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Tips for Getting your Child Ready for Back to School

With school term looming, many parents feel the pressure of coaxing idle holiday kids into school term routines. But back to school time doesn’t have to be stressful. Follow the tips in this guide and you’ll be amazed how quickly your child adapts from holiday mode to happy student.

Get into a routine early

Over the holiday break we tend to put down our normal routines and instead allow ourselves to relax and recuperate. While that’s great for the mind, body and soul, what’s not ideal is trying to get back into those normal habits right when school starts up again.
Instead of waiting till first day of school to get the kids up early, dressed and ready for the world, try starting a week in advance. Reintroduce eating times, bedtime and everything that goes along with it. Good habits will make it easy for your child to ease back into a normal school schedule.

Be enthusiastic about the upcoming term

Arriving first day back at school can come as a shock for some school kids, especially as they’ve been enjoying the freedom afforded by the holidays. Try to negate these post-holiday blues by generating enthusiasm for the upcoming term. It could be anything from:

  • Taking about friends they’ll get to see again
  • New friends they might make
  • Which subjects they are most looking forward to
  • Which teachers they want to have
  • Even practical things like catching the bus.

Going back to school doesn’t have to be a drag. Help your kids see schooling in a positive light before they head back and they’ll arrive at school happier and more adjusted.

Practice first year skillsets

If it’s your child’s first year at school, you can help equip them with the skills they’ll need in the lead up the beginning of the school term. Practice relevant tasks like:

  • Being away from you for a period of time
  • Going to the toilet on their own
  • Sitting still without fidgeting
  • Listening and following instructions

If your child is shy, you can also encourage a bit more independence in the months leading up to first term by presenting them with challenges and opportunities to learn for themselves.

Preparing your child for a new school

Whether your child has gone from primary to secondary or is just moving schools, taking them to the campus ahead of time will help prepare them for what lies ahead. However, if that’s not an option, there are some other things you can do to get ready for a new school:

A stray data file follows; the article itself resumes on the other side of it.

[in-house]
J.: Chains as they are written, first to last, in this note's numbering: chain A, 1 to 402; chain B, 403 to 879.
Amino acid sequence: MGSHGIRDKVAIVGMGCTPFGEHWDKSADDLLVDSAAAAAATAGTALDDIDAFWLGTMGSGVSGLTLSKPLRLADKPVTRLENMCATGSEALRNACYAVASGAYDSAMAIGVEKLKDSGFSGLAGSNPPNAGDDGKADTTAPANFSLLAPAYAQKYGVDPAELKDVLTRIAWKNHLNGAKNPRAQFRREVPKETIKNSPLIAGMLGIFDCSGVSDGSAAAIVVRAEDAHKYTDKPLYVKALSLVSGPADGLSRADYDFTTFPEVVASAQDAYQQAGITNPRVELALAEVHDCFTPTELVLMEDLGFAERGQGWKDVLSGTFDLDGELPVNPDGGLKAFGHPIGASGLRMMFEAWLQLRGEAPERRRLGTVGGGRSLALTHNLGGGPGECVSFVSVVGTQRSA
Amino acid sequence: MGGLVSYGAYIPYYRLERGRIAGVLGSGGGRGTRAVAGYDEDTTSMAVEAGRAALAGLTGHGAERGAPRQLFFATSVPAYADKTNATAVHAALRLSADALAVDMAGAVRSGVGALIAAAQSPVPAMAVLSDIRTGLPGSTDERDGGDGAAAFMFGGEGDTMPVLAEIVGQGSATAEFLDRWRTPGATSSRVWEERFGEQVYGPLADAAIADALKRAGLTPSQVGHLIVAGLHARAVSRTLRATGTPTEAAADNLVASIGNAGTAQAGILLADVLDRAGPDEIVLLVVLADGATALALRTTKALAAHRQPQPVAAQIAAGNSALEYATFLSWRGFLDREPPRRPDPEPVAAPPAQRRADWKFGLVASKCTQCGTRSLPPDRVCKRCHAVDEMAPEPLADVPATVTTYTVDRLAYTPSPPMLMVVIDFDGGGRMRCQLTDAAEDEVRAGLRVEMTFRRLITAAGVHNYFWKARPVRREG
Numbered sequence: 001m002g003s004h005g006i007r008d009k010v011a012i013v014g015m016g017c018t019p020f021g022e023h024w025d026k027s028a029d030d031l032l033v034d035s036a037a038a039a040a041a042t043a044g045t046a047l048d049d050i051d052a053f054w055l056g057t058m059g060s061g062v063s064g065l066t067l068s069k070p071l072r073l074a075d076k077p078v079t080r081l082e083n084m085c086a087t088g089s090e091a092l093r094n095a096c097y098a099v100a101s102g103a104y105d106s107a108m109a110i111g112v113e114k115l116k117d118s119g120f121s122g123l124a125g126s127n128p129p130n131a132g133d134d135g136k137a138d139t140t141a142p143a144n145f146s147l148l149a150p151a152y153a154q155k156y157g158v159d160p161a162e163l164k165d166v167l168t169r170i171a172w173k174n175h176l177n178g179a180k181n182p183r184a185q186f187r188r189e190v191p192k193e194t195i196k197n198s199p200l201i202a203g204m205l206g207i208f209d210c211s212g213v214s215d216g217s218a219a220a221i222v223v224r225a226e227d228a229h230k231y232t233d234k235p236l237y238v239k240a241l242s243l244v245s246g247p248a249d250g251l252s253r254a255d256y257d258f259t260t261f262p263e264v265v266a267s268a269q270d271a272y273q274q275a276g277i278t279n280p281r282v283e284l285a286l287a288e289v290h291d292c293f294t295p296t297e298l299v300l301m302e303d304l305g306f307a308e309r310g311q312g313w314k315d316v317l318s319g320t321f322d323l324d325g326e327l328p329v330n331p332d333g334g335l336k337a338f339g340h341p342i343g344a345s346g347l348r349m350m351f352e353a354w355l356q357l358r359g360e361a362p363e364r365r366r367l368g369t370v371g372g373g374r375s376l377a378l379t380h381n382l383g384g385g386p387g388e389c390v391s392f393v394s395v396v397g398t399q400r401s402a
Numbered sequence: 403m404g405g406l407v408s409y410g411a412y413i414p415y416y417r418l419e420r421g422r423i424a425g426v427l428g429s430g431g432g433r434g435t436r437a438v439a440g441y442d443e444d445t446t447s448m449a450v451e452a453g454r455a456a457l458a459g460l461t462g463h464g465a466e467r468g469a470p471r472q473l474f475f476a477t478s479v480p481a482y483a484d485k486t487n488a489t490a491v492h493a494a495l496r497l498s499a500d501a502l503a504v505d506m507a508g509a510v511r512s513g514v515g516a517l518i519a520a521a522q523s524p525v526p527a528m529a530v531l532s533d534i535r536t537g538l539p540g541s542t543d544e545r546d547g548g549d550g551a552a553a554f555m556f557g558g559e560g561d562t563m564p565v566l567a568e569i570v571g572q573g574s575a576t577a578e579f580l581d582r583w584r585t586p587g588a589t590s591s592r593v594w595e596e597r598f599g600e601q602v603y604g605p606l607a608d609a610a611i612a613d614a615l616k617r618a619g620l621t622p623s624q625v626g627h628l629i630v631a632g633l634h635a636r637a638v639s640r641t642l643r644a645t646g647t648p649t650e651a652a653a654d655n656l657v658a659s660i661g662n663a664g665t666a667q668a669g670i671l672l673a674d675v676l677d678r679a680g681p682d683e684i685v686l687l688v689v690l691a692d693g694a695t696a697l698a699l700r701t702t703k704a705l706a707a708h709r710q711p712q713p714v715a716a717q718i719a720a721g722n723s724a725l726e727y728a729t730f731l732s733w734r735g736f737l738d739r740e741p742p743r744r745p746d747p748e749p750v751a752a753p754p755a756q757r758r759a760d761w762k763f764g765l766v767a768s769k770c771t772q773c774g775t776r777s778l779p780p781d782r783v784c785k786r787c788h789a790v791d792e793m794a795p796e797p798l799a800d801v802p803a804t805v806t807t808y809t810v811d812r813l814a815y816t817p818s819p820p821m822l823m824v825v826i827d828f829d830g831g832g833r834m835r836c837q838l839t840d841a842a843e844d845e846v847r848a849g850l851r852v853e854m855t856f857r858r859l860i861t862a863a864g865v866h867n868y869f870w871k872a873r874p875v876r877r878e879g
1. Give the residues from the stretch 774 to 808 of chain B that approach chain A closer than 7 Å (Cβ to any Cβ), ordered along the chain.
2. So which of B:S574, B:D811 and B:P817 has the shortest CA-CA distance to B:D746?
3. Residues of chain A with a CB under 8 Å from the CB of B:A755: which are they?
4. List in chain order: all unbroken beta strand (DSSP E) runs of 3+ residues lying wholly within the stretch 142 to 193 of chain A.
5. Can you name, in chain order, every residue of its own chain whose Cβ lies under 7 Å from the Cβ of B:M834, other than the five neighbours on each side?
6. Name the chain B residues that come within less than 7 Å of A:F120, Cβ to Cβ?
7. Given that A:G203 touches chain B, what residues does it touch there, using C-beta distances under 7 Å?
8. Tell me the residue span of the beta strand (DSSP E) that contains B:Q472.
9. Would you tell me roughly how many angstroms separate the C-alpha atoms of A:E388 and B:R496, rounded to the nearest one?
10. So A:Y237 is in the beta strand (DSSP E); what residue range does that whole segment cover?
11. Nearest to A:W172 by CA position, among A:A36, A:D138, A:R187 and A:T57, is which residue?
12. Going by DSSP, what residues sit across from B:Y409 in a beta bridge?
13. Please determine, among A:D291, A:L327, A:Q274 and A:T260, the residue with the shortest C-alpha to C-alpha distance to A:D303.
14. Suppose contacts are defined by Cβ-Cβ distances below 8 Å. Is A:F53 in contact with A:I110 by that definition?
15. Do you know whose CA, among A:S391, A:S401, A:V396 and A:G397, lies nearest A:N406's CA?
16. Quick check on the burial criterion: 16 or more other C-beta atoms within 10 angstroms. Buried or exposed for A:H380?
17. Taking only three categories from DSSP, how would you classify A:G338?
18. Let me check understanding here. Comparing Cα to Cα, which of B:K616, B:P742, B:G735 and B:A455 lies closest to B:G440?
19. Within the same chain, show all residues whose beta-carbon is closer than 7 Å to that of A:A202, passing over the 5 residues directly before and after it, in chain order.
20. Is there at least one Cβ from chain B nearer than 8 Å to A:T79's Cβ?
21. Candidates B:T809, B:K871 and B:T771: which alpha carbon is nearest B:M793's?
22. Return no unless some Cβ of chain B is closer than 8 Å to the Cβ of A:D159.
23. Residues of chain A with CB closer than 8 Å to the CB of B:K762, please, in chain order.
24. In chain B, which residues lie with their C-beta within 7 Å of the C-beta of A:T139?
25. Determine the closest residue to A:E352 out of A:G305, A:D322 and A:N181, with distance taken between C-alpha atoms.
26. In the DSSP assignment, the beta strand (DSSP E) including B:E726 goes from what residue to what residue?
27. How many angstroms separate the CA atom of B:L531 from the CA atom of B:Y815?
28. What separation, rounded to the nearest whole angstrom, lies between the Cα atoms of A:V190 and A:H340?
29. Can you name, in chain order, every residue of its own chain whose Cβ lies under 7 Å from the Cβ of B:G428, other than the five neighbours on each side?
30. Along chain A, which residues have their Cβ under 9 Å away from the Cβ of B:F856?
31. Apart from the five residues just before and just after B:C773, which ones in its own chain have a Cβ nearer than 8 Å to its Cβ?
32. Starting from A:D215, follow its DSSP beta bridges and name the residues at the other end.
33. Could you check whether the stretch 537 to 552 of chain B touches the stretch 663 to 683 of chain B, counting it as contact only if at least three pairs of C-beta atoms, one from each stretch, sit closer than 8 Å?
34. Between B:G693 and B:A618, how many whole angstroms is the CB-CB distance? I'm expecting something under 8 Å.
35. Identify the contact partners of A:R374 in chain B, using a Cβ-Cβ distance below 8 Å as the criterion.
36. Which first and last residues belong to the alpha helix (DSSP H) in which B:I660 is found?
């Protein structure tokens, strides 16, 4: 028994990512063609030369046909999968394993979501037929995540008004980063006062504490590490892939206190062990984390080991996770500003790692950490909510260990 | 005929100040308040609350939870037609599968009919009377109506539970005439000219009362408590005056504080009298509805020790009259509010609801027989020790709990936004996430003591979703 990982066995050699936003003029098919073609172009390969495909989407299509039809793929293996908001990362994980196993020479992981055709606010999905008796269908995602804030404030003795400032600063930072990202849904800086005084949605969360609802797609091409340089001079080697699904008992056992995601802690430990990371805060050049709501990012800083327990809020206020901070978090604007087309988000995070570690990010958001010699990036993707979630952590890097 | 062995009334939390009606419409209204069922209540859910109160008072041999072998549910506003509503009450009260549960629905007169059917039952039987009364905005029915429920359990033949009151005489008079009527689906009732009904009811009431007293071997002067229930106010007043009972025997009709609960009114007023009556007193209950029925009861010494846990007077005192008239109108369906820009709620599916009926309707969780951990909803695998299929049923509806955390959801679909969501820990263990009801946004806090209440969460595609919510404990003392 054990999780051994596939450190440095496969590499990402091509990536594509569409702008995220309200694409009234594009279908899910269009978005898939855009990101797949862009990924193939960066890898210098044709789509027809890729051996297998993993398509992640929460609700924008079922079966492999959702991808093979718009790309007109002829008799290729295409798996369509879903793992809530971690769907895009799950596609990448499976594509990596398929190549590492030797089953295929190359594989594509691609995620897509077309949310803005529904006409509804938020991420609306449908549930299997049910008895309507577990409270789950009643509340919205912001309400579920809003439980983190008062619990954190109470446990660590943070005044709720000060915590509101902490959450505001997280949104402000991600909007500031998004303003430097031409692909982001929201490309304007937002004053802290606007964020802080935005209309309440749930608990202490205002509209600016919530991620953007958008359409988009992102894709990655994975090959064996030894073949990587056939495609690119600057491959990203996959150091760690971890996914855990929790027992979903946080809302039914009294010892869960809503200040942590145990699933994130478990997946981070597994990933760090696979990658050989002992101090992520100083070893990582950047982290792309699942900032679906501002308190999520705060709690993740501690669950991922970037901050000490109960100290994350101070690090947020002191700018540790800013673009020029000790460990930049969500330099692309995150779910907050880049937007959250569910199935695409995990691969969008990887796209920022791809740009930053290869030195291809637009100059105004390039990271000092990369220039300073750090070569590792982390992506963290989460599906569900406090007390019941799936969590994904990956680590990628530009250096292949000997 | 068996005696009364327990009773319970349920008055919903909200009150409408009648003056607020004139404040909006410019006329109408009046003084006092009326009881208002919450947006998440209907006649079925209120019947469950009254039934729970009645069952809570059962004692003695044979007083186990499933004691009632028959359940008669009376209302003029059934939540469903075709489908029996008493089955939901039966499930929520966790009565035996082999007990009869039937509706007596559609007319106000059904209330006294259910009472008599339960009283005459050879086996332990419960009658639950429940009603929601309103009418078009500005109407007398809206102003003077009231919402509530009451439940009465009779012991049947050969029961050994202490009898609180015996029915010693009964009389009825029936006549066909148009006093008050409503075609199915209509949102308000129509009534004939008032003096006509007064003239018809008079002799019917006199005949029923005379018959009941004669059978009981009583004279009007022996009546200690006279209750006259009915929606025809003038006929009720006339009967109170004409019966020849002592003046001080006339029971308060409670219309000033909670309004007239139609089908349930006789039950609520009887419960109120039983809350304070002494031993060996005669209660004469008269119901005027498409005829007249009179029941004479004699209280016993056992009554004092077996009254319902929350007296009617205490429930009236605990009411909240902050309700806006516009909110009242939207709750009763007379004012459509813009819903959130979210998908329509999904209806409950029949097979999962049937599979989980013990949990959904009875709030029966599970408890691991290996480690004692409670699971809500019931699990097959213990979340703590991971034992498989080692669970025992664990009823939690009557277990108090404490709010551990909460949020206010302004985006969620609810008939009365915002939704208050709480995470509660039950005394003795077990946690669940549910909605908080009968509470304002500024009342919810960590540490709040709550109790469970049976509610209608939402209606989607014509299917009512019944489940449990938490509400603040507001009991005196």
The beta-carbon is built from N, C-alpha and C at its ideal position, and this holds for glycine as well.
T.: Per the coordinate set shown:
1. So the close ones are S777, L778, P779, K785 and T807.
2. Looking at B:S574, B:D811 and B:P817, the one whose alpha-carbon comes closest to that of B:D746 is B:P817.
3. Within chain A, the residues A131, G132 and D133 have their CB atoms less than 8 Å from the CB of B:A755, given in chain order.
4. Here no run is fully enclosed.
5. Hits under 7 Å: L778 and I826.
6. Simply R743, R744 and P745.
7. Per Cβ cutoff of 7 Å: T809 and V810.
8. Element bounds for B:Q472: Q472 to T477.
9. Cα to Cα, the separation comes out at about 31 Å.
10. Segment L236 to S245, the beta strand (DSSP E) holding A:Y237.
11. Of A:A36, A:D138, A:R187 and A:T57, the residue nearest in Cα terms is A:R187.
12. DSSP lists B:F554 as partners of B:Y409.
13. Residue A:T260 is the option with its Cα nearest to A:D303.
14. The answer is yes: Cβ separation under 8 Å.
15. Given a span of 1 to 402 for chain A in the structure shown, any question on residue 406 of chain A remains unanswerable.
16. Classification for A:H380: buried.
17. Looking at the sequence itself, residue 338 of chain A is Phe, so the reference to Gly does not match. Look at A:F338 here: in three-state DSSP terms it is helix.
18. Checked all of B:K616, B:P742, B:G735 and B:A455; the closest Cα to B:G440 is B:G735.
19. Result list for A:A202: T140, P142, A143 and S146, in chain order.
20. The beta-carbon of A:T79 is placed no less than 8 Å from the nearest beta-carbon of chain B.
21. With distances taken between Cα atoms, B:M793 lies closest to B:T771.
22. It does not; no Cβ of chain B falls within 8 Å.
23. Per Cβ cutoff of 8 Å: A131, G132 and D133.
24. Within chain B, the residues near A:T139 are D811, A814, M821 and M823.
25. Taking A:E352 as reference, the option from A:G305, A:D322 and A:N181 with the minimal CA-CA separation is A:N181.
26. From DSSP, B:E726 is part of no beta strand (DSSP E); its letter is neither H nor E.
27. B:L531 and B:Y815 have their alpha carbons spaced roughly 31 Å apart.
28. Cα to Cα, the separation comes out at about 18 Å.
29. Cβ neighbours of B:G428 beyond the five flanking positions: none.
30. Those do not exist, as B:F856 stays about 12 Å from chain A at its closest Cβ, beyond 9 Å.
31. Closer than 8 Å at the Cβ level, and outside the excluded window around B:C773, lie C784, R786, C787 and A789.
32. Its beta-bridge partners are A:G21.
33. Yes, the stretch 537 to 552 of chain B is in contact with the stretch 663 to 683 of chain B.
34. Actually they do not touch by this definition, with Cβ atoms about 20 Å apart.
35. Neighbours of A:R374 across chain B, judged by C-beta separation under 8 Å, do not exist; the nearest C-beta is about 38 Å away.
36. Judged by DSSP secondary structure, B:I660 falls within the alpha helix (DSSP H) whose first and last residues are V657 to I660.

• Enrol your child in a holiday program or school camp so they have experience meeting new children
  • Trying out a new activity over the break
  • Encouraging your child in new situations out outside of their comfort zone.

Past positive associations can also help your child adapt to their new environment, so talk to them about times they have made new friends or enjoyed being in a new situation, that way, you can both anticipate what’s likely to occur at the new school.

Seek help if you need it

Throughout childhood through to adolescence it’s common for certain fears and anxieties about school to manifest. If your child’s worries are affecting them to the point where they have trouble sleeping, attending school or doing their best, you can seek help.
Both the Center for Emotional Health and Brave Online can provide evidence-based tools and programs to help your child overcome anxiety and have more control over their fears of school and socialisation.

Go in with the right supplies

Preparing your child mentally for the school year ahead can be made easier by making sure they’ve got all the right gear:

  • School bag: Clean, zips in working order and can fit everything they’ll need?
  • Shoes: School and sports shoes. Do they fit, are they clean?
  • Uniform: Does it fit? Do you have enough for a laundry cycle?
  • School hat: Having a spare always helps
  • Socks: Never underestimate how many pairs of school socks your kids will need.

Home stationary

While school will supply a lot of the stationary your child will need during school hours, there’s no doubt a time will come when your child forgets their pencil case or uses the old ‘I don’t have any pens’ line to get out of homework.
Make sure there’s some emergency stationary on hand so your child is never without. You can even encourage them to draw, colour or write over the break so they get into the hands of learning.

Homework and study area

The trick to getting kids to do their homework is to create the right space and get them using it early. A small but comfortable desk in a place that’s not too distracting is perfect. Before school starts, set it up with some arts and crafts, computer or other activities your child enjoys. Get them using it in the afternoons so it’s natural they’ll gravitate to the space when it’s homework time.

Don’t forget to make time for fun

Just because the holidays are over doesn’t mean the end of having fun. Structured exercise is a great way to help your child relax after a day spent in classrooms, and what better way is there to burn off that energy than with a home trampoline? Trampolining are a healthy, low impact sport that’s great for just about anyone. Check out Oz Trampolines full range today – you’re guaranteed to find something to suit your family.

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